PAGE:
Ashley Lawrence’s hopeful beginning of her freshman year comes to a swift halt when she is sexually assaulted by one of the most popular seniors as part of an annual tradition. Each fall the school football team holds an annual scavenger hunt, in which the boys compete for points for completing dares, stunts and sexual conquests. Ashley’s older brother, Derek, is an eager participant, but the game gets out of hand at Homecoming. The subsequent rape trial and the canceling of the football program at the school tears the school community and the Lawrence family apart.   The novel is told through the dual perspectives of Ashley and Derek and seeing both points of view is enlightening. Ashley still struggles to deal with her emotions two years after the assault, but Derek’s character is the one who grows the most as he slowly realizes how much he was a part of the boys will be boys mentality and the toxic culture at the school.    In the wake of the #MeToo movement, this is timely reading for older teens about a serious issue. The author includes a list of resources on sexual violence for victims.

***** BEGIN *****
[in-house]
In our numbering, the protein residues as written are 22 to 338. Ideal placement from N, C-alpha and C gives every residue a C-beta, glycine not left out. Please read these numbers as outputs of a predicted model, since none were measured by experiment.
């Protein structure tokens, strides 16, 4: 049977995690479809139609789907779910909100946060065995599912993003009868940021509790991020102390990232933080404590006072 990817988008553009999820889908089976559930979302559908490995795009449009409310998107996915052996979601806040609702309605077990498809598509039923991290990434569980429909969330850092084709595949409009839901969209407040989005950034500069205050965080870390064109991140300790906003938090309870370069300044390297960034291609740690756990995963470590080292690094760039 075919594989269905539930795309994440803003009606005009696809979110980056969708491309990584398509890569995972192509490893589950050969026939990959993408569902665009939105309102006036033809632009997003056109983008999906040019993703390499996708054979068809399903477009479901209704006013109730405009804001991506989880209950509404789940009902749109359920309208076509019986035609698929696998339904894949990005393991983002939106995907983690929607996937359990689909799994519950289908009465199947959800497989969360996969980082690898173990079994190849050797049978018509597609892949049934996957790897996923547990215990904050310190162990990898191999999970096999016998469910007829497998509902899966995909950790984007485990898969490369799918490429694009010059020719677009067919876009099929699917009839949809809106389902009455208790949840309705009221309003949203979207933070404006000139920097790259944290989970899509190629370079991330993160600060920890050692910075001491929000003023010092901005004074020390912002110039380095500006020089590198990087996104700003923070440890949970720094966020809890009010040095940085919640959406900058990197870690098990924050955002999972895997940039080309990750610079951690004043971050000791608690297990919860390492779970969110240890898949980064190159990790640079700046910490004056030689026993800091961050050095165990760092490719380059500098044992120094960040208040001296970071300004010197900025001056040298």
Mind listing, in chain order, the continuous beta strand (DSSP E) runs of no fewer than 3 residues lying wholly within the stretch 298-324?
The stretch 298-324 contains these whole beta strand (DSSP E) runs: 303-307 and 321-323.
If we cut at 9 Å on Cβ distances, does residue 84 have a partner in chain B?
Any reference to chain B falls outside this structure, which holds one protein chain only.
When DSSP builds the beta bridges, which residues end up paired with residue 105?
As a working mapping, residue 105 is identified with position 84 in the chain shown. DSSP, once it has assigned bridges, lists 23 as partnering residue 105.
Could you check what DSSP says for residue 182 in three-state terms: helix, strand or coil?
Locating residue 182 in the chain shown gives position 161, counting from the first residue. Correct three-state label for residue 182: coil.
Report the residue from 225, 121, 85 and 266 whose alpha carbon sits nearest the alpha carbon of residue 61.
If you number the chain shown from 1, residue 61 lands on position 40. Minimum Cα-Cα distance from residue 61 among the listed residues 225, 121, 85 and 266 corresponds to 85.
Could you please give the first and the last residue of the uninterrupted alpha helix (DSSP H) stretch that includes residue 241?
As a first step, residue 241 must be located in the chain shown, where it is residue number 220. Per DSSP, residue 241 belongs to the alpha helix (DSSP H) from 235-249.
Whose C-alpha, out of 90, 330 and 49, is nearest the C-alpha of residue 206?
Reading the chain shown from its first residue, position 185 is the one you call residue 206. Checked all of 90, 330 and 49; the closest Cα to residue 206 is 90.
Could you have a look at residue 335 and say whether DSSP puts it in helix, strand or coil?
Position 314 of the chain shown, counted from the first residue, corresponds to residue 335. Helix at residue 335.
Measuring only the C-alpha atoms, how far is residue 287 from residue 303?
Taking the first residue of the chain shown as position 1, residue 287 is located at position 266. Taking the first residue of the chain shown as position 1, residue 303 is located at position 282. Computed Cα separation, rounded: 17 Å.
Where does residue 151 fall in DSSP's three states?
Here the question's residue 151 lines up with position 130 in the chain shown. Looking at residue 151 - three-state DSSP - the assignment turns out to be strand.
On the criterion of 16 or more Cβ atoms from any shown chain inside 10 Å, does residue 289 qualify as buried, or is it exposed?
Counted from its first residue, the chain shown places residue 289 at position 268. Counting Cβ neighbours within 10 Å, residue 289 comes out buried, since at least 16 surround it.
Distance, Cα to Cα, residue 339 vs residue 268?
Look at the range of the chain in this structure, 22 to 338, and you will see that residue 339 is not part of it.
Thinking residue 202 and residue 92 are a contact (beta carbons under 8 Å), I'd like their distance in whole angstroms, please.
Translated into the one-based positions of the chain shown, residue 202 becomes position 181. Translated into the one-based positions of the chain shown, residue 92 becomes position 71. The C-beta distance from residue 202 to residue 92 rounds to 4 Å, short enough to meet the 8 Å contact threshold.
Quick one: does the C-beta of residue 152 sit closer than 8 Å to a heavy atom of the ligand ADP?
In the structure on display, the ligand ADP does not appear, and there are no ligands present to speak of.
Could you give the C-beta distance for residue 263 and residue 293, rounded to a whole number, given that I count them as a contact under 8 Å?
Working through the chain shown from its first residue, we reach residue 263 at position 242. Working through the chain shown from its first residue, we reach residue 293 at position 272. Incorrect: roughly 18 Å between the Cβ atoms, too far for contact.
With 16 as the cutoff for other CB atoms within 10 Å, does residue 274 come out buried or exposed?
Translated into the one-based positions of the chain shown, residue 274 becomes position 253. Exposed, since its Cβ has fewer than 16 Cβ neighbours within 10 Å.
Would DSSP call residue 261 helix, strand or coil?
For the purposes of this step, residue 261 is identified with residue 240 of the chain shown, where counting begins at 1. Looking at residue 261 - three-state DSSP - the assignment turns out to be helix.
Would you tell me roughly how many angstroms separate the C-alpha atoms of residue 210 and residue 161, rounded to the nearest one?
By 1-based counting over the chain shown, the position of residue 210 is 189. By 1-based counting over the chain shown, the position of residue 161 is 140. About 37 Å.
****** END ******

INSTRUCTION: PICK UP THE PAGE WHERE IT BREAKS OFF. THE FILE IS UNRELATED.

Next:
THOUGHTS: Feature with similar titles such as Wrecked by Maria Padian and Speak by Laurie Halse Anderson and share with Health Education teachers to spark discussion and awareness during Dating Non-Violence Week in February.

Realistic Fiction   Nancy Summers Abington SD